‘Just saying no’ does not educate kids or prevent drug use
By Jessica Berget, Opinions Editor
Drug Abuse Resistance Education (DARE) is a program that you might have had the unfortunate privilege of being a part of. I’m sure many people remember in fifth or sixth grade when they pledged to stay drug- and alcohol-free and got a free T-shirt out of it. But how many people have actually kept that pledge?
Unsurprisingly, not a lot. Sometimes it even backfires. Not only was DARE ineffective in keeping kids off of drugs, studies have found that those who went through the program were just as likely, if not more so, to drink or use drugs than those who did not participate. Turns out telling kids to “just say no” to drugs is not an effective way to keep them from partaking and actually makes them more curious about it. However, I don’t think that’s the only reason the drug education program is ineffective.
The fact is, many people are going to drink or do drugs anyway, so you might as well honestly educate them on the topic. Kids will naturally be curious about drugs because it’s a new and seemingly scary thing to them. Telling kids to always refuse them without actually educating them on what they do is only going to make them more curious about it. I think instead of instilling more fear of drugs into children, the program should teach them about the different kinds of drugs and how each one affects you. That way, kids aren’t kept in the dark about something that they may take part in one day. Once they get older, they may want to experiment with recreational substances, so it’s important that they have the knowledge to do so safely and responsibly.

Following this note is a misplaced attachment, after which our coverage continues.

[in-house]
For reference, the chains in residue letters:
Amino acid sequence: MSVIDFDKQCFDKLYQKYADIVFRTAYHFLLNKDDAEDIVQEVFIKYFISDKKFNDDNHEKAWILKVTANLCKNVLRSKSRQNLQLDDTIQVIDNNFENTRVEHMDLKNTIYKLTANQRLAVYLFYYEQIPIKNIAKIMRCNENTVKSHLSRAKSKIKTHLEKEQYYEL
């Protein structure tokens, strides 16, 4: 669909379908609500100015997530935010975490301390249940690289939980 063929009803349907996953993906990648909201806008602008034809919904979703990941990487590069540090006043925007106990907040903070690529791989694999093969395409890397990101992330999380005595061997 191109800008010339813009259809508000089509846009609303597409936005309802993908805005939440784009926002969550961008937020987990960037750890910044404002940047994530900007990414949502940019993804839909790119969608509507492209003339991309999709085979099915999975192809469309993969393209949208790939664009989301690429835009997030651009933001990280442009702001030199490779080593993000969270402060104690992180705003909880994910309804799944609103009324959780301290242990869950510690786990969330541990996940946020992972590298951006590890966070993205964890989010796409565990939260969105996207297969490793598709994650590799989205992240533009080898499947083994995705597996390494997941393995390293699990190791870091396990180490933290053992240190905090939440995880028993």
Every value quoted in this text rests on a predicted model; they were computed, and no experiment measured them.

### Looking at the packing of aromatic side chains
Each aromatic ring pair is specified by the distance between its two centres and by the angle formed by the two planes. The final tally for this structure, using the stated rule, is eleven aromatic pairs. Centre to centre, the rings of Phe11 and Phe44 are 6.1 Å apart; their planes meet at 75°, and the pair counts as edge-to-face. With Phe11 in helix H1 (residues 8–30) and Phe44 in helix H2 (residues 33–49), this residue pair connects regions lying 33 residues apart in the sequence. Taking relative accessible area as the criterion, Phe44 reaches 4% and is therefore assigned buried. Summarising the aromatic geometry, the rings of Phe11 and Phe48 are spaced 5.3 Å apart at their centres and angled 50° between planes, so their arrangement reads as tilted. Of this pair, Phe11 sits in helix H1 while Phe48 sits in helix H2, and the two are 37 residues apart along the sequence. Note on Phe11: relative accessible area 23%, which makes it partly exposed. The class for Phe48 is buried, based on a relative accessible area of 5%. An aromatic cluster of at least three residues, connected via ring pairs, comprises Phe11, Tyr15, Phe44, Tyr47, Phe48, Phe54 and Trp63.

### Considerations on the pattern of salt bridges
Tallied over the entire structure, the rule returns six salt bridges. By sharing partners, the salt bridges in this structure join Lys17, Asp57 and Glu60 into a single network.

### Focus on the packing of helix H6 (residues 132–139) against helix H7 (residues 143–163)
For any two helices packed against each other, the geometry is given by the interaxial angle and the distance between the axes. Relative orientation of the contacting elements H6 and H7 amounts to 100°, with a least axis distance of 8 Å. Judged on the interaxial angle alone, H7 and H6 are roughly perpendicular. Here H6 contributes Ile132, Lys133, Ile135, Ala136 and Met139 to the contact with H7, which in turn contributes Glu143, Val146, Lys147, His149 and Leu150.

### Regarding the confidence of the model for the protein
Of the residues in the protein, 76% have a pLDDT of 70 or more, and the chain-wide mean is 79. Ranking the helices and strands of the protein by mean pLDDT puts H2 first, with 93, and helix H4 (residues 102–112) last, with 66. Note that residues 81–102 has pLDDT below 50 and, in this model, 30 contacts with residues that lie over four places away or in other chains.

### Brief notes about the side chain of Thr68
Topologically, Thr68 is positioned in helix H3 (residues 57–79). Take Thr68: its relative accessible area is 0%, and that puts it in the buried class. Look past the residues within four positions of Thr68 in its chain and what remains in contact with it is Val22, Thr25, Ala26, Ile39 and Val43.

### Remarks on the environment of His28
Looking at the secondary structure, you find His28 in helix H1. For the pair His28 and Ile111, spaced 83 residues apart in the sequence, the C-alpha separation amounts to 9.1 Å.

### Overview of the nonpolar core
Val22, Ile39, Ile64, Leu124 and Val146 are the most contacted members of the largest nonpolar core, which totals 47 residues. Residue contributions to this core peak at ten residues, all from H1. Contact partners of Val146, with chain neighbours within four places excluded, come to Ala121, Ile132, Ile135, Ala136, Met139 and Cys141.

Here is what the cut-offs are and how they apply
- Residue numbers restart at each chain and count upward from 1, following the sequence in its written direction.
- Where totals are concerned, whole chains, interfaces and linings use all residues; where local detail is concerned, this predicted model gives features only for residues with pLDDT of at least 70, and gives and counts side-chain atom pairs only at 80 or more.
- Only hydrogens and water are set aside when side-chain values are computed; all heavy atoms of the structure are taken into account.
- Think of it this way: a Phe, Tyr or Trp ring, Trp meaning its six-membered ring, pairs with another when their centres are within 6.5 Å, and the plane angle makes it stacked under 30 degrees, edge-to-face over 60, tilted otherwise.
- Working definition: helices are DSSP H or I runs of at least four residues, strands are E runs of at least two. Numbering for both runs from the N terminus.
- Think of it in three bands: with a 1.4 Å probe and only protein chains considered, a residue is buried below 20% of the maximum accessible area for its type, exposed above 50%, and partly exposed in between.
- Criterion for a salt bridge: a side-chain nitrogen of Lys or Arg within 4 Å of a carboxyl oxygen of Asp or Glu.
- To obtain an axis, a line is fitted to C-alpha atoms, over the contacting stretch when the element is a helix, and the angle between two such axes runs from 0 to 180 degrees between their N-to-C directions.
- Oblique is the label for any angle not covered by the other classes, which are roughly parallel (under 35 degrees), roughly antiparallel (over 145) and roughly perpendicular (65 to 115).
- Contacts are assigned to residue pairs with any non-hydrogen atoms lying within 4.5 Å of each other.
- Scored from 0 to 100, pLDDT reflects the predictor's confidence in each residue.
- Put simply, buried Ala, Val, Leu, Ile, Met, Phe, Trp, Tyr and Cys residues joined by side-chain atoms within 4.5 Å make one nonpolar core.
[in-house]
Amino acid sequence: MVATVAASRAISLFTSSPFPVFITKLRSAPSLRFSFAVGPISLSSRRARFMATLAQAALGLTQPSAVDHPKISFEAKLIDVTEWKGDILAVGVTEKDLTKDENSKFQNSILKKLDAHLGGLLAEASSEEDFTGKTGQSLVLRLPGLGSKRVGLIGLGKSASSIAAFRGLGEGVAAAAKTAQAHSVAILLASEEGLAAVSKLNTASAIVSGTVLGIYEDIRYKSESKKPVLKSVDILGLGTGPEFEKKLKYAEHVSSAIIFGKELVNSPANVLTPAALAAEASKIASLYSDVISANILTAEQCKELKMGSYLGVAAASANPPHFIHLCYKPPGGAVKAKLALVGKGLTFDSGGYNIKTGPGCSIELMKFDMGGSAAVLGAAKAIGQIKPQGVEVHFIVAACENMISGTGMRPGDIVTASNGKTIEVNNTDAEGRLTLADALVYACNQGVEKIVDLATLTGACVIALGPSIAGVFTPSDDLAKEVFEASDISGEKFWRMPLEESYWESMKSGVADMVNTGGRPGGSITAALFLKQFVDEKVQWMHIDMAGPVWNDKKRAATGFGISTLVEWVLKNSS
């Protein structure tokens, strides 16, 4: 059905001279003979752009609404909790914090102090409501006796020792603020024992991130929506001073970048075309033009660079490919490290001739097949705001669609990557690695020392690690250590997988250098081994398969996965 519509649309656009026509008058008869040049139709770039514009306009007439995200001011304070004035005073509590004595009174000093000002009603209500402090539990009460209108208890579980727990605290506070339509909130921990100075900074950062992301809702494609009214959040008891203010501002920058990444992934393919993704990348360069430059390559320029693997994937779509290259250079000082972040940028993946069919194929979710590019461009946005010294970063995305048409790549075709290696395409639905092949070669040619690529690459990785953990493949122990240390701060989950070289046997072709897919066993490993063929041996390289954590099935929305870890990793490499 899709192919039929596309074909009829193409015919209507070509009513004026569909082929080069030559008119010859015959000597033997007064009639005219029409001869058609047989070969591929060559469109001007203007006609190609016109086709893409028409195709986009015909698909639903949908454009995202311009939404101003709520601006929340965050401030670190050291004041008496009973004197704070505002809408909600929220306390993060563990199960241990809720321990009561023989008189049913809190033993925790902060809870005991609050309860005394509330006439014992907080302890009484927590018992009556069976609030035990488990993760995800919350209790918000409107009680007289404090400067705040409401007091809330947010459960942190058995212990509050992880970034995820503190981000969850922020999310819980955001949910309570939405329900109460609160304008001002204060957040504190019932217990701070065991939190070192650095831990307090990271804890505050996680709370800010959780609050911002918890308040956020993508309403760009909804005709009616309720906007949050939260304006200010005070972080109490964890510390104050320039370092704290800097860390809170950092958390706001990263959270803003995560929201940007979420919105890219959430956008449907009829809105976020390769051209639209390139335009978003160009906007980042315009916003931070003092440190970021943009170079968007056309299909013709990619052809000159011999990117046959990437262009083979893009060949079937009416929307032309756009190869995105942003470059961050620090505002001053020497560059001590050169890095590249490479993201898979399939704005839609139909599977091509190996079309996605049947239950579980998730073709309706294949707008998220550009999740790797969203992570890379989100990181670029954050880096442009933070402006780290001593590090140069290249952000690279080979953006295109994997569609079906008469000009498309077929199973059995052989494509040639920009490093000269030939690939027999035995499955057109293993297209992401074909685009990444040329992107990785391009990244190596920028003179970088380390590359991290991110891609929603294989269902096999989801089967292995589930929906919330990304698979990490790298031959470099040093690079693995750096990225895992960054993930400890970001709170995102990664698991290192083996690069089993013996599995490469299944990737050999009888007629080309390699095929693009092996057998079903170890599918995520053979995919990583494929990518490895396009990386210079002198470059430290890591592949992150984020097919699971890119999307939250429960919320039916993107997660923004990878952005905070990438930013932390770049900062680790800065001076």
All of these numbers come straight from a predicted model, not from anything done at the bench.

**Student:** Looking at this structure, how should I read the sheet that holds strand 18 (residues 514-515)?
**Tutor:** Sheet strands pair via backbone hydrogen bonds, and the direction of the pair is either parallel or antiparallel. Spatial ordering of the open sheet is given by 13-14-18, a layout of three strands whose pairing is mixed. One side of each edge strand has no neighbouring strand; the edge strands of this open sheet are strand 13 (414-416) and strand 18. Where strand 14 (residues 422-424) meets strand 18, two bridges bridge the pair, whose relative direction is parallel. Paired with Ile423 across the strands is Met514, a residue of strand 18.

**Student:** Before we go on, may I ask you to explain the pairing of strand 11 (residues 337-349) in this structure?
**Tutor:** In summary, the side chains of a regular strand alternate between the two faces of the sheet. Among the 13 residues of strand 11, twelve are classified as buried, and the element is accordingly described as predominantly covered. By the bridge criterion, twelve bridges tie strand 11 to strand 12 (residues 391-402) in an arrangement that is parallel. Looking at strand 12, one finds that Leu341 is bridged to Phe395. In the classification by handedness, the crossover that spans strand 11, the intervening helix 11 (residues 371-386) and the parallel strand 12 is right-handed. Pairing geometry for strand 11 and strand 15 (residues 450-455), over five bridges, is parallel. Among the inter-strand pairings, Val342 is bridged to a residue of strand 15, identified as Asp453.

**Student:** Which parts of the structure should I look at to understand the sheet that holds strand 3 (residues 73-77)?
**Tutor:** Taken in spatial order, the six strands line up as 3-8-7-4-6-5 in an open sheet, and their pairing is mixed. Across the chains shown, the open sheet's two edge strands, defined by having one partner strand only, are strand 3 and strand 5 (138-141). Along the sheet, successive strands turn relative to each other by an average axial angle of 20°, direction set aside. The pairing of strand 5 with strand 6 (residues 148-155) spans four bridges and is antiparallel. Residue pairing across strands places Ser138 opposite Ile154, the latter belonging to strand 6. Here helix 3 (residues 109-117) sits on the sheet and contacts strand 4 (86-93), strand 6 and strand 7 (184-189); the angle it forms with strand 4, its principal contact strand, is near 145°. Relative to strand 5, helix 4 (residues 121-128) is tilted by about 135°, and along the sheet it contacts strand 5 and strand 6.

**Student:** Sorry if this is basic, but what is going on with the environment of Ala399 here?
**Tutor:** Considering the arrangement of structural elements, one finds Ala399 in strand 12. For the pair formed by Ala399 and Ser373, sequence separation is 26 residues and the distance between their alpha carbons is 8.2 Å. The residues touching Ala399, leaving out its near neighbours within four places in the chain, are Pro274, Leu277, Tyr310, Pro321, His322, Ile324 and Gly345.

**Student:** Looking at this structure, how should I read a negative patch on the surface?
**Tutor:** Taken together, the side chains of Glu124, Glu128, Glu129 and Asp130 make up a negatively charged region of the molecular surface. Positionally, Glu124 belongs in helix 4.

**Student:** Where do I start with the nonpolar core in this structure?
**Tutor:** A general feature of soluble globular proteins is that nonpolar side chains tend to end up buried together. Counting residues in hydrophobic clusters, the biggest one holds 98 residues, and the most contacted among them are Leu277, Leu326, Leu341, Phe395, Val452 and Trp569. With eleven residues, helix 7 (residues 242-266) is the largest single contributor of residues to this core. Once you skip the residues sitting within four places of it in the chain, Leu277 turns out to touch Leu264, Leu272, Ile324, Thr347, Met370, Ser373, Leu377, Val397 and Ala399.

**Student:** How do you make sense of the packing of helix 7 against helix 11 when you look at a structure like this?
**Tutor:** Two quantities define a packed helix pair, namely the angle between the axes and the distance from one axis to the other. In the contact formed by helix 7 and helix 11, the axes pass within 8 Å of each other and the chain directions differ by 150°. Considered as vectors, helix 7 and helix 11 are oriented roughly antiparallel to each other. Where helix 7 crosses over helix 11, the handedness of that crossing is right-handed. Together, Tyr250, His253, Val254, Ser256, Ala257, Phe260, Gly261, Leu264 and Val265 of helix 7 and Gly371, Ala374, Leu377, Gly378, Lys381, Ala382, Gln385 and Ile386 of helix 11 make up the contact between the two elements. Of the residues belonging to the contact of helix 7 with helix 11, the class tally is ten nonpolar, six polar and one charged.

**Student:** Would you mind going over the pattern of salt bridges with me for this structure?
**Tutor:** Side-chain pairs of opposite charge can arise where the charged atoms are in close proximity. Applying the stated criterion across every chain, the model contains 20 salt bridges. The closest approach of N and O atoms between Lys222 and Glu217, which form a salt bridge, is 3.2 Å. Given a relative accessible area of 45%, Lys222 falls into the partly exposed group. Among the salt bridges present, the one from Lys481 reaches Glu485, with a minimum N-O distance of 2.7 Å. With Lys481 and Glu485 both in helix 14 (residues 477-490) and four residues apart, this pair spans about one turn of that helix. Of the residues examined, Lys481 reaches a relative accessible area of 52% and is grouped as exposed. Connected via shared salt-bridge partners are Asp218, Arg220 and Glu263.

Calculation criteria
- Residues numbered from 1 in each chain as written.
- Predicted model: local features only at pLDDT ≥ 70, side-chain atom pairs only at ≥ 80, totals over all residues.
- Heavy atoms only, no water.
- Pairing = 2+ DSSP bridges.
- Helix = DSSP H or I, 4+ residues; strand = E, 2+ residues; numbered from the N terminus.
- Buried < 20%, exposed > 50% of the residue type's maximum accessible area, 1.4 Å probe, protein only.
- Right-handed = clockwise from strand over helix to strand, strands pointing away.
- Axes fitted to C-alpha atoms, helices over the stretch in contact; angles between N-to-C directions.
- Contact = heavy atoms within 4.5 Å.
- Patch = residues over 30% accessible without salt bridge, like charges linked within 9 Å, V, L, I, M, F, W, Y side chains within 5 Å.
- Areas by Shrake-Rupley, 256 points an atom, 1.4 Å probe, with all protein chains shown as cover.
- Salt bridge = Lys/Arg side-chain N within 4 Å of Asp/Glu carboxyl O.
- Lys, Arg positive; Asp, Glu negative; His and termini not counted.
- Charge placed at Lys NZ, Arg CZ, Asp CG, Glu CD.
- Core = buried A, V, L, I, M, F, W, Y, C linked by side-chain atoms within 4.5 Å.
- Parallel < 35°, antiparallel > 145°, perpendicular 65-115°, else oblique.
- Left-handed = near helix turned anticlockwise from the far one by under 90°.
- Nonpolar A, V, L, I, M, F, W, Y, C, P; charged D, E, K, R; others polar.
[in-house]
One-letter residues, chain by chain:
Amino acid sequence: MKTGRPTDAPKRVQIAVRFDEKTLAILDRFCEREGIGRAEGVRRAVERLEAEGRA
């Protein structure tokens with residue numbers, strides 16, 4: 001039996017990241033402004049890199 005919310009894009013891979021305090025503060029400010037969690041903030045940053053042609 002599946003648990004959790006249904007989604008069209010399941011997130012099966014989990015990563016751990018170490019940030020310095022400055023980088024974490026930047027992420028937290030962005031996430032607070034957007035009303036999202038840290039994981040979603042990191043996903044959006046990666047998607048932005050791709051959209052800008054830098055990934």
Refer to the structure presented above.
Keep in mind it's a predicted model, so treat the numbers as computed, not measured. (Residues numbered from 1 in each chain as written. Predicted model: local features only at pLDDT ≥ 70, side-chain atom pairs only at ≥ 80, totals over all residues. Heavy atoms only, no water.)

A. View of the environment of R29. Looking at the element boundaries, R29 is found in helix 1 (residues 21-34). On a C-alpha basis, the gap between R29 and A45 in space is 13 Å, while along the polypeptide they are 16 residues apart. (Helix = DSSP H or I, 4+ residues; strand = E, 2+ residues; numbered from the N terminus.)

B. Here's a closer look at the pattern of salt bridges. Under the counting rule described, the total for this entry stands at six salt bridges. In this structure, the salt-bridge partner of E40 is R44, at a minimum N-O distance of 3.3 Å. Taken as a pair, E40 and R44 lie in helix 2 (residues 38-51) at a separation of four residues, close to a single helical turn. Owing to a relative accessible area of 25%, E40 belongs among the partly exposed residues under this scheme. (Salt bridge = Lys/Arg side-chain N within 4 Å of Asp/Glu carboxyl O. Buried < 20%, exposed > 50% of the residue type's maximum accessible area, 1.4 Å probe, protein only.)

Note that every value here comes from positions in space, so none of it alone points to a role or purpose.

There also needs to be more honest dialogue about what constitutes a drug. Think about it: Drinking, medications, medicine, and even caffeine and sugar are technically drugs. These aren’t always things that you smoke, inhale, or inject. They might be substances that you drink to wake up in the morning or help with your brain function, and even substances that you take to cure you from an illness. This separation of “good” and “bad” drugs can be confusing to kids who are trying to understand the concept. Teaching about all the different types of drugs can make them seem a lot less intimidating and will better, more accurately educate children.
The only thing DARE was good for was making a bunch of kids scared to go to parties out of fear of being offered drugs. In future drug prevention programs, I hope people have enough foresight to realize that fearmongering and miseducation is not the way to enlighten our youth. Kids are smarter than that.